If you’re like me, you’ve heard a lot about Gradient Descent. You’ve heard that it is a foundational algorithm for optimising functions which all self respecting Machine Learning techniques employ (or some variation of it). You’ve probably even seen graphs like these:

which show how a function is iteratively scaled until an optimum (maximum or minimum) is reached. These are all great explanations for how the method intuitively works but, based on them alone, I never understood step by step how this method was working.

In this post, I explore the algorithm itself (Cauchy’s variation) and perform an example “by hand”. I will focus on minimising a function but the same intuition applies for maximisation.

## Steepest Descent

Suppose we have a multivariate function f(x_1, x_2,…,x_n), we want to find a point \mathbf{x}^* = (x_1, …, x_n) where the value of f(x_1, x_2,…,x_n) is minimised. Assuming that a minimum exists, we can use Steepest Descent to algorithmically discover that minimum; starting at some arbitrary point \mathbf{x}.

But how do we know we’ve achieved a minimum? Here is where we make use of the Gradient vector which is denoted by \nabla f(\mathbf{x}) and is defined as

(1) \nabla f(\mathbf{x}) = [\frac{\partial f(\mathbf{x})}{\partial x_1}, \frac{\partial f(\mathbf{x})}{\partial x_2}, …,\frac{\partial f(\mathbf{x})}{\partial x_n}]

The components of the Gradient vector are partial derivates of the function with respect to each variable x_1,…,x_n. If all of these partial derivatives are 0 at some point \mathbf{x}

$$\frac{\partial f(\mathbf{x})}{\partial x_1} = \frac{\partial f(\mathbf{x})}{\partial x_2} = … = \frac{\partial f(\mathbf{x})}{\partial x_n} = 0$$

then the point \mathbf{x} is a stationary point. In this post I will assume we have a convex function and the stationary point is a minimum – there are other ways to test this but it is outside the scope of the post.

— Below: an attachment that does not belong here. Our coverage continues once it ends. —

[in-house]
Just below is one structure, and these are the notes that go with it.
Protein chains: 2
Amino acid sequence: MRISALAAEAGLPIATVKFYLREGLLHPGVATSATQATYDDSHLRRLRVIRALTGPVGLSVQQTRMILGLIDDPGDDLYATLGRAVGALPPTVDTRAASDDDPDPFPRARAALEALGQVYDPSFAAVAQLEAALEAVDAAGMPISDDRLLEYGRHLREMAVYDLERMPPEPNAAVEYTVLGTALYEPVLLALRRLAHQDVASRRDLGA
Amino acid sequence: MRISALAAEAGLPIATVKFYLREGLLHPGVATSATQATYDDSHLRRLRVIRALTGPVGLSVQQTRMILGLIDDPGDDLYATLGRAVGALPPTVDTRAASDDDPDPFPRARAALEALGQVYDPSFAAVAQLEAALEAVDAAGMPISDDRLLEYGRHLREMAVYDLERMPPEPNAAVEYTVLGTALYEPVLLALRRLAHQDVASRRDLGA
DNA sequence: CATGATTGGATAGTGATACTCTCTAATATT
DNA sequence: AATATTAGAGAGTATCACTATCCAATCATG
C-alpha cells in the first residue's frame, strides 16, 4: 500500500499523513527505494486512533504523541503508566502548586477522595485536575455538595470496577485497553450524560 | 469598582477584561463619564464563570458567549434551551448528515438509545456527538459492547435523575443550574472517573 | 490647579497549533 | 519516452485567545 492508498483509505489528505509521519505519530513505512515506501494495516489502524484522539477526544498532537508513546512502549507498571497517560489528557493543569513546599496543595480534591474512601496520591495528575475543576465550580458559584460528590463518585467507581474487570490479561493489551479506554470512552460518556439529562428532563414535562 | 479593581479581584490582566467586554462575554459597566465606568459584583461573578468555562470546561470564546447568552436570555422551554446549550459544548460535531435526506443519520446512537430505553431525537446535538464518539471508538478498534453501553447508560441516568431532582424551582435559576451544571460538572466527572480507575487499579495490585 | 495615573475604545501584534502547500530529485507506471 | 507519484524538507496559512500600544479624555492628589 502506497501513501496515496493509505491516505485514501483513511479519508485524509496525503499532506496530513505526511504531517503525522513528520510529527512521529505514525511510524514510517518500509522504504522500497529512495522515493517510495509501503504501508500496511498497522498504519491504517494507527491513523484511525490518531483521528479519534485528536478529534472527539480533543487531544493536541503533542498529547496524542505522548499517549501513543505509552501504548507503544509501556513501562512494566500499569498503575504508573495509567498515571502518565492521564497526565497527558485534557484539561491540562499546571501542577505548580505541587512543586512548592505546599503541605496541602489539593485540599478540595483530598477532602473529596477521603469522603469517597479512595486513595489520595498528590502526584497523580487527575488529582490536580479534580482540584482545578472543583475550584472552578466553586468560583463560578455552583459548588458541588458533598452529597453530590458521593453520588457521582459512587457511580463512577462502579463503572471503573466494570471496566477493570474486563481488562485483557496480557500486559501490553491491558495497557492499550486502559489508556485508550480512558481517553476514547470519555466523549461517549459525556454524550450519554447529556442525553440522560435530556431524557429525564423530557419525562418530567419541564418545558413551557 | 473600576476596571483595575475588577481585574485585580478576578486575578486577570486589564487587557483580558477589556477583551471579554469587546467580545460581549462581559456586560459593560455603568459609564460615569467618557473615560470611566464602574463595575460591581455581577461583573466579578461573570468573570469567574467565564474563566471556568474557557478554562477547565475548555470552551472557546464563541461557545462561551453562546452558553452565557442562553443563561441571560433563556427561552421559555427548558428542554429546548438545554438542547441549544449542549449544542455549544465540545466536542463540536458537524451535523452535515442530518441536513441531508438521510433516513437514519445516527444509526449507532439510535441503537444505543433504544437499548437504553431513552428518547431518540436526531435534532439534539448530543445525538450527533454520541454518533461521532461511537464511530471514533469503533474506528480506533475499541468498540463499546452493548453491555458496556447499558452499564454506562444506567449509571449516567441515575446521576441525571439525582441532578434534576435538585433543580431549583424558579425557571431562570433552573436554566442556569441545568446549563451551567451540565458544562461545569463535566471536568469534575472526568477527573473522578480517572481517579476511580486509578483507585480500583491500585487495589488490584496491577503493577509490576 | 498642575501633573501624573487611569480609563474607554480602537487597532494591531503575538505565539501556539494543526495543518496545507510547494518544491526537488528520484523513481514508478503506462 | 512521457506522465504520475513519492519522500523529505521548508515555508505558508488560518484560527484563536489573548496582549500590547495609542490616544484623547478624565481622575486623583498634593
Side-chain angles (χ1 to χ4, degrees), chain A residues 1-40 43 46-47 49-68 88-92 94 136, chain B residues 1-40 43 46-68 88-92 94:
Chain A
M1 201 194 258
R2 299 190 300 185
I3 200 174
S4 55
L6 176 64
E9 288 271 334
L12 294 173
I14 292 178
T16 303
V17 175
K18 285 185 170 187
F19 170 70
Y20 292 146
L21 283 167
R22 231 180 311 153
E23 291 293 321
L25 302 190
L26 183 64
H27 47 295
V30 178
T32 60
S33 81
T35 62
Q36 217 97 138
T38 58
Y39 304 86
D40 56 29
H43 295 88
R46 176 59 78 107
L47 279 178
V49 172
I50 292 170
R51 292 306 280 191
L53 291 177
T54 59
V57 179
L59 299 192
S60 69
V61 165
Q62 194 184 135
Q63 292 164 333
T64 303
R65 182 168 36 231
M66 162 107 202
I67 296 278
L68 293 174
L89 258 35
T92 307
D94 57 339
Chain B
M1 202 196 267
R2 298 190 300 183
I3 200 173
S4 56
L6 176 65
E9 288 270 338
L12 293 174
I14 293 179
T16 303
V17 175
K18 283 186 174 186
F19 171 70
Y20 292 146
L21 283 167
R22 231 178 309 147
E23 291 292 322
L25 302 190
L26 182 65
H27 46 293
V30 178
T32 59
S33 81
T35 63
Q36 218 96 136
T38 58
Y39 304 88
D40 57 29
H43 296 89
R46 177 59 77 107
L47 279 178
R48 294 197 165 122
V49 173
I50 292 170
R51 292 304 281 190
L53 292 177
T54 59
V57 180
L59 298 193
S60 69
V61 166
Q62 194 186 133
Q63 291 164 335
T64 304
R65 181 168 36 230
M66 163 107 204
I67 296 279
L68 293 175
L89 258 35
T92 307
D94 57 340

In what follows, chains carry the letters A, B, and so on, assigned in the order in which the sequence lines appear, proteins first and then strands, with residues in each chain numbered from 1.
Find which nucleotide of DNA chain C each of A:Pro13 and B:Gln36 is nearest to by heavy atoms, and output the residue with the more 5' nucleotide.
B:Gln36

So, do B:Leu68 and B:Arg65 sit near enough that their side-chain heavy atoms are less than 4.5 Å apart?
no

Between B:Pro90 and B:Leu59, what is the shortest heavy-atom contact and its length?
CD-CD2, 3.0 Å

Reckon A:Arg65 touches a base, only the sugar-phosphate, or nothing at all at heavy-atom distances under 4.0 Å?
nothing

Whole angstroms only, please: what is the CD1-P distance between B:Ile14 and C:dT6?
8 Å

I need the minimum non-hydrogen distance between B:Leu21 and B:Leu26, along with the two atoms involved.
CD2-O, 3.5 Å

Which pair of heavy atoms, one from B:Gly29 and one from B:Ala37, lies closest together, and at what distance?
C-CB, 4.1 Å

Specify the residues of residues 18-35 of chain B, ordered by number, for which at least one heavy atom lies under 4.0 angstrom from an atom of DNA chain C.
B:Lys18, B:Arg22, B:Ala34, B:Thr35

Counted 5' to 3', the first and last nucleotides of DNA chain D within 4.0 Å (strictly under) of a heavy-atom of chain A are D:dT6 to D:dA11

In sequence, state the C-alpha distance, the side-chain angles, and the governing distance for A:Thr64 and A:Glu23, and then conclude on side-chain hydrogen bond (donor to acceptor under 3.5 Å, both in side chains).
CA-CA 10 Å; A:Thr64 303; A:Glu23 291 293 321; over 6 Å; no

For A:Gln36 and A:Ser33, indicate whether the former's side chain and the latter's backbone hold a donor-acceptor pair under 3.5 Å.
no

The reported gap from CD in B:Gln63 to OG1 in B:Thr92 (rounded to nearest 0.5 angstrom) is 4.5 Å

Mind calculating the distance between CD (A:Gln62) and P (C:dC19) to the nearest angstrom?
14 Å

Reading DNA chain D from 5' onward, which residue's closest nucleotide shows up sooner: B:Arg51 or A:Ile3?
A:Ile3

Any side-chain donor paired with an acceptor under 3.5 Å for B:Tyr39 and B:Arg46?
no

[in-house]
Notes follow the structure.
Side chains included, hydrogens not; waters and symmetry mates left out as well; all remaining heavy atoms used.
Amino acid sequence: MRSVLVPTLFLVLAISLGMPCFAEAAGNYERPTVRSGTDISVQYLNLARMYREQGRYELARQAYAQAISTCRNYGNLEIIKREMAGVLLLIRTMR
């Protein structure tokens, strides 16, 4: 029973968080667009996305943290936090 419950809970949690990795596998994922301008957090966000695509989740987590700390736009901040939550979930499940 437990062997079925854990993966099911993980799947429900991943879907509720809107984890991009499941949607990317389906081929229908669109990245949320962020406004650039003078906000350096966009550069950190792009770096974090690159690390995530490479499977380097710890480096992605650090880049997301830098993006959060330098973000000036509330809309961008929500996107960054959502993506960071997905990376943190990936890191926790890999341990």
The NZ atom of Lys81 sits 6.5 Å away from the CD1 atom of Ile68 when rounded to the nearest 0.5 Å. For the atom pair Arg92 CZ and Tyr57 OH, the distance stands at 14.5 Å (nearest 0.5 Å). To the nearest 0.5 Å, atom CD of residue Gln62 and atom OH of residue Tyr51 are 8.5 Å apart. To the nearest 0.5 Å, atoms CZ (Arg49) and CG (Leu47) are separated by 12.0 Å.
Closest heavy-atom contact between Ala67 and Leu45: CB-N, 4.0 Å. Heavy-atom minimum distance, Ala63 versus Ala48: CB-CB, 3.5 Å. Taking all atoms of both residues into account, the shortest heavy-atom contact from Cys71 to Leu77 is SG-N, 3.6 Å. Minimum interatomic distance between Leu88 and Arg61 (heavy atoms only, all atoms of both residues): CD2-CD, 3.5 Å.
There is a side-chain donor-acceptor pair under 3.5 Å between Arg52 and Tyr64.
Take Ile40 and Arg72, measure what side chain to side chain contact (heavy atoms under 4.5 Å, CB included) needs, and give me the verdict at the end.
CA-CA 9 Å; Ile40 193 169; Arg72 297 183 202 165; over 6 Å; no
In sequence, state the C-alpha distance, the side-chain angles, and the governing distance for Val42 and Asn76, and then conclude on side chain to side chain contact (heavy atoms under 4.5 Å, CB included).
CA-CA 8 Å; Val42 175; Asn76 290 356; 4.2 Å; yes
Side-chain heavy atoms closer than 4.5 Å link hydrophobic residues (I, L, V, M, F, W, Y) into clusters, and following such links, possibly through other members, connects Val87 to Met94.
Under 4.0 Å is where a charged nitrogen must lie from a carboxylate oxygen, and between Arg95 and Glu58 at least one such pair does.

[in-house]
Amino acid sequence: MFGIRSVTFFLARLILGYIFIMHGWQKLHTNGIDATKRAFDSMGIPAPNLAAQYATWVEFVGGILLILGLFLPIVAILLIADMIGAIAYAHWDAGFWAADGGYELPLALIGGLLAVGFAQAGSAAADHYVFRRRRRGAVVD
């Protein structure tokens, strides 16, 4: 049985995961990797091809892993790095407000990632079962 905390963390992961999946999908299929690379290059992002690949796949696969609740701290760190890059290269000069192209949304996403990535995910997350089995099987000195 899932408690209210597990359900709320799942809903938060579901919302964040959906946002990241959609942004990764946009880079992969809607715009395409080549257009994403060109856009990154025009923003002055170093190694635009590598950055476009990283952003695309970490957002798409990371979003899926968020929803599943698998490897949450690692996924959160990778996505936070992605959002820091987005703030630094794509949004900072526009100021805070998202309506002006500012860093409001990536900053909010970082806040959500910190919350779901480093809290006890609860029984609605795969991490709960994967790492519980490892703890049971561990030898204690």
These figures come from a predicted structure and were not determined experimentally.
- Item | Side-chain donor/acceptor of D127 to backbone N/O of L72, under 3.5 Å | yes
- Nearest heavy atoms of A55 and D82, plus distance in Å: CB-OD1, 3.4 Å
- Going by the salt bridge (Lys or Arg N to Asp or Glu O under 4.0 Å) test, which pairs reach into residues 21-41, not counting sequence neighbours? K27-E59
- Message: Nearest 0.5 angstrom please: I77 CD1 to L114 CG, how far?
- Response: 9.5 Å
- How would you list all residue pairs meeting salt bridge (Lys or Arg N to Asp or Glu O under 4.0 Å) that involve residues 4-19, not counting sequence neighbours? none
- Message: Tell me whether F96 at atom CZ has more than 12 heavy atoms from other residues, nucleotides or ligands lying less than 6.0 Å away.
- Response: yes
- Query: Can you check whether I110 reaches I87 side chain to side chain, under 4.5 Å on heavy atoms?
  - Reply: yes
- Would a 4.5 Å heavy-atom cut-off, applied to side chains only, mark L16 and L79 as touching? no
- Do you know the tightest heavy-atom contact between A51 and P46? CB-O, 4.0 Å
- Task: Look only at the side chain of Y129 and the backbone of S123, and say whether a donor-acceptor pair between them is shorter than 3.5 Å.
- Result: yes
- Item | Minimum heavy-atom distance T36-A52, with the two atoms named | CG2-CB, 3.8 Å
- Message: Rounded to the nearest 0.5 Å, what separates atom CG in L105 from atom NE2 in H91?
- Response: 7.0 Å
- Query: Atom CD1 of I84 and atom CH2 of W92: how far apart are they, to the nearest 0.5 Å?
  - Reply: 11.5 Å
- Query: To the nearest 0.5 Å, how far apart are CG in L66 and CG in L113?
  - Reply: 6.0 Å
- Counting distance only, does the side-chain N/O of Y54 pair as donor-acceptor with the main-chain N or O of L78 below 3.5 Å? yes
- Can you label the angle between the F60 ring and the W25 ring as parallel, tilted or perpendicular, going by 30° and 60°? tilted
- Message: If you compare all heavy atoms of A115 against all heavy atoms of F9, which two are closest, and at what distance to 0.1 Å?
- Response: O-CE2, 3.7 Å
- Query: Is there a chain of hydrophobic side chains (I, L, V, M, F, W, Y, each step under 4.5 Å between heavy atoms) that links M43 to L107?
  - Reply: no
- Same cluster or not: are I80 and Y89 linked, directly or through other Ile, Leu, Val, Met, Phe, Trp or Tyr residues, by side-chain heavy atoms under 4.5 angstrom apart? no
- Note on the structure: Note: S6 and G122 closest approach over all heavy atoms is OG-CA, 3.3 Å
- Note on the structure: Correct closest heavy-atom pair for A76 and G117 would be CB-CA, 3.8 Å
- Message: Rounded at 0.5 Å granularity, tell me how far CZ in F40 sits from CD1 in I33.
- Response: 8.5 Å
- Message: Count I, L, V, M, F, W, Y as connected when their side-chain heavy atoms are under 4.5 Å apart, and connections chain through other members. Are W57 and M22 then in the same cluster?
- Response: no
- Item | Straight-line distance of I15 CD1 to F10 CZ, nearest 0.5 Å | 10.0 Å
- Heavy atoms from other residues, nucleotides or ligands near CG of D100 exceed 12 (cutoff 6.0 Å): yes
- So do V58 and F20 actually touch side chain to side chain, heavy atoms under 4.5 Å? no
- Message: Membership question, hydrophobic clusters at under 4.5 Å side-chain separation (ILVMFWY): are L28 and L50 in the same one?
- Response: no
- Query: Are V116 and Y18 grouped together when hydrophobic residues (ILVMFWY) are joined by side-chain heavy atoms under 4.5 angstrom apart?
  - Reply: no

Steepest Descent proceeds by the following equation

(2) \mathbf{x}_{n+1} = \mathbf{x}_n + \lambda^* \nabla f(\mathbf{x}_n)

What (2) tells us is that if we are at some point \mathbf{x}_n, we can determine the next point by going in the direction of the gradient vector at point \mathbf{x}_n. How far we go along this vector is determined by a step-size parameter which is denoted as \lambda^*. (Why we move in the direction of the gradient vector has been covered in this post.)

We continue in this way until we reach a point whose gradient (which is now a vector not a scalar) is 0 or some stopping criteria is reached (sometimes it takes too long to converge to a minimum so a user can decide when a point is “good enough”).

Now all that’s left to do is to determine what value the step-size \lambda should take. In Machine Learning, this parameter is user defined so it can be set to a manual value – it tends to be a very low number like 0.01. However in Cauchy’s approach, this parameter is determined by a univariate optimisation at every iteration. The univariate optimisation method I will use in this post will be differentiation and equating to 0.

For a two variable function, the general algorithm for using Steepest Descent is as follows:

- Choose an initial starting point

$$\mathbf{x_0} = (x_{1_0}, x_{2_0})$$

- Determine a search direction via the Gradient Vector

$$\nabla f(\mathbf{x}) = [\frac{\partial f(\mathbf{x})}{\partial x_1}, \frac{\partial f(\mathbf{x})}{\partial x_2}]$$

- Substitute starting point \mathbf{x_0} = (x_{1_0}, x_{2_0}) into the gradient vector \nabla f(\mathbf{x_0}) = \nabla f(x_{1_0}, x_{2_0})

- Perform a univariate optimisation to obtain the optimal step-size, \lambda^*

$$f(\lambda) = f[\mathbf{x_0} + \lambda \nabla f(\mathbf{x_0})]$$

$$f(\lambda) = f[(x_{1_0}, x_{2_0}) + \lambda(x_{1_1}, x_{2_1})]$$

$$f(\lambda) = f[x_{1_0} + \lambda x_{1_1}, x_{2_0} + \lambda x_{2_1}]$$

Substitute

$$x_1 = x_{1_0} + \lambda x_{1_1}$$

$$x_2 = x_{2_0} + \lambda x_{2_1}$$

in the function of interest

- Set f'(\lambda) = 0 and solve for \lambda

- State new point

$$\mathbf{x_1} = \mathbf{x_0} + \lambda^* \nabla f(\mathbf{x_0})$$

- Repeat until convergence

The approach can be generalised to n variables without loss of generality.

## Worked Example

Let’s use the steepest descent method to find the minimum of the two variable function

$$ f(x_1,x_2) = x_1^2 + x_1 x_2 + x_2^2 -3x_1 – 3x_2 + 3$$

I will work through one iteration, the reader can continue to replicate the steps until the true minimum of (1,1) is found.

- Choose an initial starting point. Arbitrarily I select

$$ \mathbf{x}_0 = (1,0)$$

- Determine a search direction via the Gradient Vector